Why does Abraham Lincoln possess us so? Poet, philosopher, father, husband and president, he was a man who made himself remarkable in a remarkable time. He was, as Emily Dickinson called him, “the still Man,” who looms larger and larger as our most modern, melancholic and politically vibrant president. We have a multitude of books devoted to Lincoln — his language, his roots, his tumultuous marriage, his politics and his presidency — but Stephen Harrigan, in his sixth novel, “A Friend of Mr. Lincoln,” offers us an acute and original portrait of Lincoln in the 1830s and 1840s, when our 16th president was still a young backwoods lawyer whose hair was “like a clump of crow feathers.”
But Lincoln isn’t the central concern of the novel. Harrigan’s hero is a fictitious poet, Cage Weatherby, “the Lord Byron of Illinois,” who becomes one of Lincoln’s trusted companions in Springfield, Ill. Cage rescues Lincoln from his depressive fits, helps him scrape off excess baggage from his speeches, saves him from a pointless duel and warns him against the “embrigglement” of marriage to Mary Todd.
He, though, is “caged” within his own psyche, “a zero at the base of his soul.” Cage wants to be “the poet of the unfinished,” to celebrate the raw beginnings of prairie towns, yet he cannot even finish his own tale. The poet’s father was a prosperous Massachusetts man, the owner of a pencil factory who believed in his son’s talents and sent him off to wander Europe for a year. But Cage’s father fell into ruin and killed himself, leaving his son adrift. Cage finally settled in Springfield, the owner of a tiny boardinghouse, and continued to scribble poems. He wasn’t tentative about the music of his lines. He realized that “music itself was not a human invention but a code buried in the suspirating rhythms of the world.”
He falls in love with a beautiful, young prostitute, Ellie, becomes her silent partner in a millinery shop and lets her live at the Palatine, his little hotel, where she can no longer entertain her special customers. Trying to entrap her, he traps himself. He is now her one and only “customer,” visiting her several times a week behind the doors of her shop, but she is still “ungraspable as a ghost.” We, as readers, recognize her dilemma. She did not want to become Cage’s chattel, or his secret bride.
He’s much less of a fool when it comes to Lincoln and Mary Todd. Keenly aware of Mary’s sexual musk, he observes the silver necklace fastened to her throat: “It was as if she had put it there only to signal that it should be removed, that everything she wore was only for the purpose of making you understand that there was bare skin beneath it.” And Lincoln, the bumpkin lawyer, is ambivalent about landing in her web. “They say happiness can slow a man down,” he confides to Cage, “and I don’t have time for that.”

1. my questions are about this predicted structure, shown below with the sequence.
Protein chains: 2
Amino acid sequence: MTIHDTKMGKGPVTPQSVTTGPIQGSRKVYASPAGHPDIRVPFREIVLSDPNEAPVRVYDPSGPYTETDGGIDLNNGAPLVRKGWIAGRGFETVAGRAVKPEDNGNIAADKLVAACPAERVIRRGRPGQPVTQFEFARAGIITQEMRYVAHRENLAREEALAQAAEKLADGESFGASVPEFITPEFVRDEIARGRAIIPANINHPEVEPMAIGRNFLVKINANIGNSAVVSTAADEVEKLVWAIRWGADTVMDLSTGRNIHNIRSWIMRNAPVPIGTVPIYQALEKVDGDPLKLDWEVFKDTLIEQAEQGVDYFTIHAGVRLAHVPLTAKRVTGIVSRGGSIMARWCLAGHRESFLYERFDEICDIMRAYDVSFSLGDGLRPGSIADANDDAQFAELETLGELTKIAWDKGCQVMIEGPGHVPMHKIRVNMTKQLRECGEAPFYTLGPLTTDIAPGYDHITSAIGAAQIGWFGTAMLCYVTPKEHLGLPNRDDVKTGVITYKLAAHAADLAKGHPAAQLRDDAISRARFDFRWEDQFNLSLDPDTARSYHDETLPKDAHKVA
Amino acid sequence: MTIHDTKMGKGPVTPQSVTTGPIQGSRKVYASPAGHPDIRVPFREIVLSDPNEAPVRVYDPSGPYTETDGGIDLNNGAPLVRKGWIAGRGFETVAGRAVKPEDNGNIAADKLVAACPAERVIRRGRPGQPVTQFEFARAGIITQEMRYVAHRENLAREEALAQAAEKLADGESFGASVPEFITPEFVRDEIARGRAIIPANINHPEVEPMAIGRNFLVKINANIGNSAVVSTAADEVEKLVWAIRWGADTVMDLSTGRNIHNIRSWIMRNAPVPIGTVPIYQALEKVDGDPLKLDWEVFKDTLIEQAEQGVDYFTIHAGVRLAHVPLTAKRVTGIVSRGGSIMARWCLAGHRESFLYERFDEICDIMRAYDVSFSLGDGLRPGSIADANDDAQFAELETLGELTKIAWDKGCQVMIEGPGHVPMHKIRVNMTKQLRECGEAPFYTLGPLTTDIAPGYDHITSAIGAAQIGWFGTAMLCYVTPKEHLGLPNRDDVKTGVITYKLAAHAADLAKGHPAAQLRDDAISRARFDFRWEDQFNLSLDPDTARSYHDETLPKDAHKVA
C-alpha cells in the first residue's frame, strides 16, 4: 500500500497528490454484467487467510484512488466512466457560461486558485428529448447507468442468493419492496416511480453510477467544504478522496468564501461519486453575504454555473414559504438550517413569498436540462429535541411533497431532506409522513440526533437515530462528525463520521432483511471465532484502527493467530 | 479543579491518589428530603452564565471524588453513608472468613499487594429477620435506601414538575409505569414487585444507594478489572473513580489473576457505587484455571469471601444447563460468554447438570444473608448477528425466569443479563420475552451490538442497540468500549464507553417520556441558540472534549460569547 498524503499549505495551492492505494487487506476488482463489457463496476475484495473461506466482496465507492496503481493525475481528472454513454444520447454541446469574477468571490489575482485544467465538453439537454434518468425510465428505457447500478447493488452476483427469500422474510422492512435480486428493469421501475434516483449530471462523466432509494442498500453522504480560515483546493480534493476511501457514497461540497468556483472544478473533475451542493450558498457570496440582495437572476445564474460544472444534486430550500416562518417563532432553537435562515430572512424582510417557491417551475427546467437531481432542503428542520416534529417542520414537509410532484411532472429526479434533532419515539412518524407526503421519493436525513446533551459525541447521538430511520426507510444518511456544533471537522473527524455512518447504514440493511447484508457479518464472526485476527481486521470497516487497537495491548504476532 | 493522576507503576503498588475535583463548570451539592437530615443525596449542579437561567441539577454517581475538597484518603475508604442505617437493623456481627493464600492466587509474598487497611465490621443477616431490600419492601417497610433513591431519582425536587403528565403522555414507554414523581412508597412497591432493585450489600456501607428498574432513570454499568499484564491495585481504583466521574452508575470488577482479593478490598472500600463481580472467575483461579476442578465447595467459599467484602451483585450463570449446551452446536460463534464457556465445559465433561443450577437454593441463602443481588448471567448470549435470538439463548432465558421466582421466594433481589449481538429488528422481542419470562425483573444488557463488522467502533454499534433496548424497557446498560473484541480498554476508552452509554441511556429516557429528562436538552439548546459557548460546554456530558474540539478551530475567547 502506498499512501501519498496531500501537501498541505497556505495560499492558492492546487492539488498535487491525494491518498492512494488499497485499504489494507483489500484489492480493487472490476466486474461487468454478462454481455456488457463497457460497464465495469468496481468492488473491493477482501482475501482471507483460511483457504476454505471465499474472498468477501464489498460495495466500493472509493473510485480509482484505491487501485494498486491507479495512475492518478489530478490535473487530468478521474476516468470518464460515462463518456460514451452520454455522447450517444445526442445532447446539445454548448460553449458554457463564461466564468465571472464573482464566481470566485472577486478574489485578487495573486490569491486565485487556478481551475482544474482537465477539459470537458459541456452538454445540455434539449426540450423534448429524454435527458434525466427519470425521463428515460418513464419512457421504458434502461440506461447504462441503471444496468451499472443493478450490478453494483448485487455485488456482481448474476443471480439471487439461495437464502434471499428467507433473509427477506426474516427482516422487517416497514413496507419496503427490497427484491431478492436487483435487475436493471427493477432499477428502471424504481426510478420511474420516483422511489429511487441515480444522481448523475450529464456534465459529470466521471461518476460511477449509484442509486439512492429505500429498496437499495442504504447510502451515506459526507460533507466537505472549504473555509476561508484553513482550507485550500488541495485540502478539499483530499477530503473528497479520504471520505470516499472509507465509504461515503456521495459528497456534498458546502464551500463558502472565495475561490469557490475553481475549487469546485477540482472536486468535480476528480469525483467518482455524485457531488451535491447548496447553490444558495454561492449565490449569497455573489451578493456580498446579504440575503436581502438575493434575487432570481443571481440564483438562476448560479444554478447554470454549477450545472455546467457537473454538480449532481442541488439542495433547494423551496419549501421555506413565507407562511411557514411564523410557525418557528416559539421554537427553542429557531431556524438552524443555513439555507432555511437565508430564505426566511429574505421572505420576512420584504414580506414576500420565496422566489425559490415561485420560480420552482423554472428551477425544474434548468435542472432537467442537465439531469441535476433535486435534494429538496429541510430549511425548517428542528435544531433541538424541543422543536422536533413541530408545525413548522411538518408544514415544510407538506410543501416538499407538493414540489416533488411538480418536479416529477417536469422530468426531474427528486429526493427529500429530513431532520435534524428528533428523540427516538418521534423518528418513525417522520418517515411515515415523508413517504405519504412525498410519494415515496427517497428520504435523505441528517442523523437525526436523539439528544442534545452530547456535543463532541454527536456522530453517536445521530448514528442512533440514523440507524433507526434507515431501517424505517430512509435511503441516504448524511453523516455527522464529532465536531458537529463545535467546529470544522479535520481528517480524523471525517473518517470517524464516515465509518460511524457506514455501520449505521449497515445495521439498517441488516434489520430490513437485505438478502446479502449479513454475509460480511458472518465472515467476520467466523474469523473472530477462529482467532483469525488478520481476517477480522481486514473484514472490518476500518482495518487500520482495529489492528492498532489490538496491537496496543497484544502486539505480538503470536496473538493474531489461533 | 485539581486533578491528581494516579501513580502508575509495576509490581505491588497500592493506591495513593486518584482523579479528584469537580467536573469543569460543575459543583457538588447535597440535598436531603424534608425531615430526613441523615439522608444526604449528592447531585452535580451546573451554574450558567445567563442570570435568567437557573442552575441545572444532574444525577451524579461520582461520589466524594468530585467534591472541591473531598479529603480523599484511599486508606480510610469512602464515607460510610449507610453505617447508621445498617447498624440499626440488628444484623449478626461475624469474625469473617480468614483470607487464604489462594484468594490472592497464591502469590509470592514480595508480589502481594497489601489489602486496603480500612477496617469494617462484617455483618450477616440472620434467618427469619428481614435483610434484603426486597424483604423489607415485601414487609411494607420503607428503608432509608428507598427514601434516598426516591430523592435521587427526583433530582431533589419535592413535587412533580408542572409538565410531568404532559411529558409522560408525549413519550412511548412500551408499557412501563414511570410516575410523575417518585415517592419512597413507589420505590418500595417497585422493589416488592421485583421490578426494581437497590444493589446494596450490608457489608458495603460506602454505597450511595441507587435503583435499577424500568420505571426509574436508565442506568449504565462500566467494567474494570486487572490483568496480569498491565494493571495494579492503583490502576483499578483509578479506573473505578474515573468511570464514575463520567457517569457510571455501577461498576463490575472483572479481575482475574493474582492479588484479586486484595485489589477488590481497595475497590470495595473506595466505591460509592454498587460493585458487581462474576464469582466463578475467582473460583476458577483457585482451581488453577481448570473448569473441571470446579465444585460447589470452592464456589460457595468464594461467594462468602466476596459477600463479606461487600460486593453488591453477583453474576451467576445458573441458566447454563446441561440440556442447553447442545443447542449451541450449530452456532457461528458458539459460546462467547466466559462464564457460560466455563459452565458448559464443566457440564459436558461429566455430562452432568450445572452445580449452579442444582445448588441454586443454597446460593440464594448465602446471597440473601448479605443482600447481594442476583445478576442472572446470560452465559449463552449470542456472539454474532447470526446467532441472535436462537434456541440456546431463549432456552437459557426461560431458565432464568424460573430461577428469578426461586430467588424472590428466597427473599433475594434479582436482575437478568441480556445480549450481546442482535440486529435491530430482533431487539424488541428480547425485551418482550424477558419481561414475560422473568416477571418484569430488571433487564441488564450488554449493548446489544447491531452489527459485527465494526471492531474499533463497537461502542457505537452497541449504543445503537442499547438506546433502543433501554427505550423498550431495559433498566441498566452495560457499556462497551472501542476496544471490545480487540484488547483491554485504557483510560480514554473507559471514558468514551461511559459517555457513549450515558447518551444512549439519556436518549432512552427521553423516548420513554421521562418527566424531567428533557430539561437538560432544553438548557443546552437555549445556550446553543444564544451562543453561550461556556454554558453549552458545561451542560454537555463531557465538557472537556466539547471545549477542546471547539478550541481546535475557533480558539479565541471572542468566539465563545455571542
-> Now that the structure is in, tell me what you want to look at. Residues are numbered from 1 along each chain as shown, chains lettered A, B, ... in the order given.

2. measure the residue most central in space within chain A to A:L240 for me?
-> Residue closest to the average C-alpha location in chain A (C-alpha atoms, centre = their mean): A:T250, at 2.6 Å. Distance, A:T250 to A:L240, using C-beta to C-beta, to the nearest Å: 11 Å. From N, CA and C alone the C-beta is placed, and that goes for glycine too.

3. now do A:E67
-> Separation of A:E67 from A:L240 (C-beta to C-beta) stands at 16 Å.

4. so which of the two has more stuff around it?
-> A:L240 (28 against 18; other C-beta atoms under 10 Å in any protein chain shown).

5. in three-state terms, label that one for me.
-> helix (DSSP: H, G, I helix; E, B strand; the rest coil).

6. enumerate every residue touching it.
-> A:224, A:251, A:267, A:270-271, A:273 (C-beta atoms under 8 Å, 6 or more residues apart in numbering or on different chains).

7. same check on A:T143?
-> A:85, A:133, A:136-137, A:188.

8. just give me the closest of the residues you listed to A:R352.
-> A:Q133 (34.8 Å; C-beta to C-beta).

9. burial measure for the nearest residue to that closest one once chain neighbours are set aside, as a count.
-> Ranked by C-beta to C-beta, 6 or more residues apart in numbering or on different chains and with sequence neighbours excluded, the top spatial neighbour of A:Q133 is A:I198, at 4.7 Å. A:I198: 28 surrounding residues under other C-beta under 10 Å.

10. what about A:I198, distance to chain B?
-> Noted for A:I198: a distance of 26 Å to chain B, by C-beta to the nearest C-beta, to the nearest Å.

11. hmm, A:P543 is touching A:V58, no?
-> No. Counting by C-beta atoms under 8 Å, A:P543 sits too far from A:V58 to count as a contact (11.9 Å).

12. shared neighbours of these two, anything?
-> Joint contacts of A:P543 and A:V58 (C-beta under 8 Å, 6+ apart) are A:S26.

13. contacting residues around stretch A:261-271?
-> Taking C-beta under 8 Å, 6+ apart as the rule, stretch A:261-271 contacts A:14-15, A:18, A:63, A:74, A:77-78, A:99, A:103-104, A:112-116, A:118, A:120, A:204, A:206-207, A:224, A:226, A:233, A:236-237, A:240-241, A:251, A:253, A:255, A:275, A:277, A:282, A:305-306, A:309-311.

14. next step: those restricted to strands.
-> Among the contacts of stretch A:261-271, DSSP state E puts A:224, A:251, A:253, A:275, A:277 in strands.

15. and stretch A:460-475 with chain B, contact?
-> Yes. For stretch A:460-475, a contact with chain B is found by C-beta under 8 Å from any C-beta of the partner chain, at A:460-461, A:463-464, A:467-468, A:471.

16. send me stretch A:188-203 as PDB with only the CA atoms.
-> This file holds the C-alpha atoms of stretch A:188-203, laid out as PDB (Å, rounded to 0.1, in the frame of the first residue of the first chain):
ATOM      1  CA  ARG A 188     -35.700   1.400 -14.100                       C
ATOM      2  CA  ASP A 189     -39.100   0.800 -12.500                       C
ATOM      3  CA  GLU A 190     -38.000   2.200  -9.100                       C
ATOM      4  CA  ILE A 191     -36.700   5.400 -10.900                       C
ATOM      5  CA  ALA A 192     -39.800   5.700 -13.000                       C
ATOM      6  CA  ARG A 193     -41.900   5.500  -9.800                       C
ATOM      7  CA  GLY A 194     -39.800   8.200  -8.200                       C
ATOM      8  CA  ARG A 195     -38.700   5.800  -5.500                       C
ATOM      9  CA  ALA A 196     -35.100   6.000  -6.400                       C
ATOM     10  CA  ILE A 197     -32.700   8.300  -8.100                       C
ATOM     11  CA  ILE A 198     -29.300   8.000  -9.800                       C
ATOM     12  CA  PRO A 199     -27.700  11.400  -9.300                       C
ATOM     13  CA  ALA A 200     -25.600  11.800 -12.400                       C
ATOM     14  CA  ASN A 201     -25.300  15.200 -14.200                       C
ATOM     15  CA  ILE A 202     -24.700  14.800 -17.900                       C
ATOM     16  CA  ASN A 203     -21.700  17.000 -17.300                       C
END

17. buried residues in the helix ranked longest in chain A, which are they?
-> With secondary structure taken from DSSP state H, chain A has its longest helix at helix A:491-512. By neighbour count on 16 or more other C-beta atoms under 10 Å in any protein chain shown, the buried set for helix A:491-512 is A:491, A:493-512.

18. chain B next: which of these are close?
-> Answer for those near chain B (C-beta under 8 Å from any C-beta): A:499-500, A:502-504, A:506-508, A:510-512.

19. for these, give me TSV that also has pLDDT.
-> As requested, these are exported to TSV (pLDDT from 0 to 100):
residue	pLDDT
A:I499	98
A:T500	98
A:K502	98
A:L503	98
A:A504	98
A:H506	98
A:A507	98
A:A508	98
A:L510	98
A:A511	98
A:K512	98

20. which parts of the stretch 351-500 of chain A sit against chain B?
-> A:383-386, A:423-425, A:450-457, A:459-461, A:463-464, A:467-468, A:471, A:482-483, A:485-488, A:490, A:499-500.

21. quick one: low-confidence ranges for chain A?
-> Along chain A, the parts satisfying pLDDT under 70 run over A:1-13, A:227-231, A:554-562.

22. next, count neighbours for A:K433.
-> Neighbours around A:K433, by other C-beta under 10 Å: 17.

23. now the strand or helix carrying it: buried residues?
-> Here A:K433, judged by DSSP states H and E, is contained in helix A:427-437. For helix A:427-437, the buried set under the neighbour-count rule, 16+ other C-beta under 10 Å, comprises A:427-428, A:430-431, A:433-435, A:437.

We grasp Lincoln’s largeness, his burning ambition to break out of his backwoods bearskin. “I’m like a character from Shakespeare,” he says. Yet he doesn’t envision himself as Hamlet, or Lear, or Prince Hal, but rather Richard III, the conniving, sweet-tongued, murderous king. And it’s to Harrigan’s credit that he reveals the calculating, almost evil side of Lincoln, who can talk about Cage’s talents, his ability to transcribe “the thoughts of angels,” and then allow him to drift in the wind, abandoning him out of some legal nicety. “If there’s honor in you,” Cage says, “I no longer see it.” He senses that Lincoln has found in Mary a perfect fit for his endless ambition. “The two of them . . . could be dangerous together.”
Still, the best part of the novel isn’t about Lincoln’s ambitions or Mary’s vengeful ways. The book finds its own proper music when Harrigan writes about Lincoln as a circuit rider. Twice a year, he joins a caravan of lawyers as it crosses the prairie to deal with legal matters in the small towns of Illinois, having to endure “red scabrous bumps of bedbug bites” as the circuit riders sleep three in a bed. “No one really slept . . . because they were all deliriously happy to be away from wives and offices,” eager to retell tales of court cases involving “castration by pocketknife” and similar horrors.
Even if Harrigan clips a bit off the wings of Lincoln’s better angels, he also offers us a powerful glimpse into what the great man liked to call his “real life.” In doing so, he provides us with a rumbling, rambunctious novel, full of its own raw life.
Jerome Charyn is the author, most recently, of “I Am Abraham: A Novel of Lincoln and the Civil War” and “Bitter Bronx: Thirteen Stories.” His new book, “A Loaded Gun: Emily Dickinson for the 21st Century,” will be published in March.
By Stephen Harrigan
Knopf. 415 pp. $27.95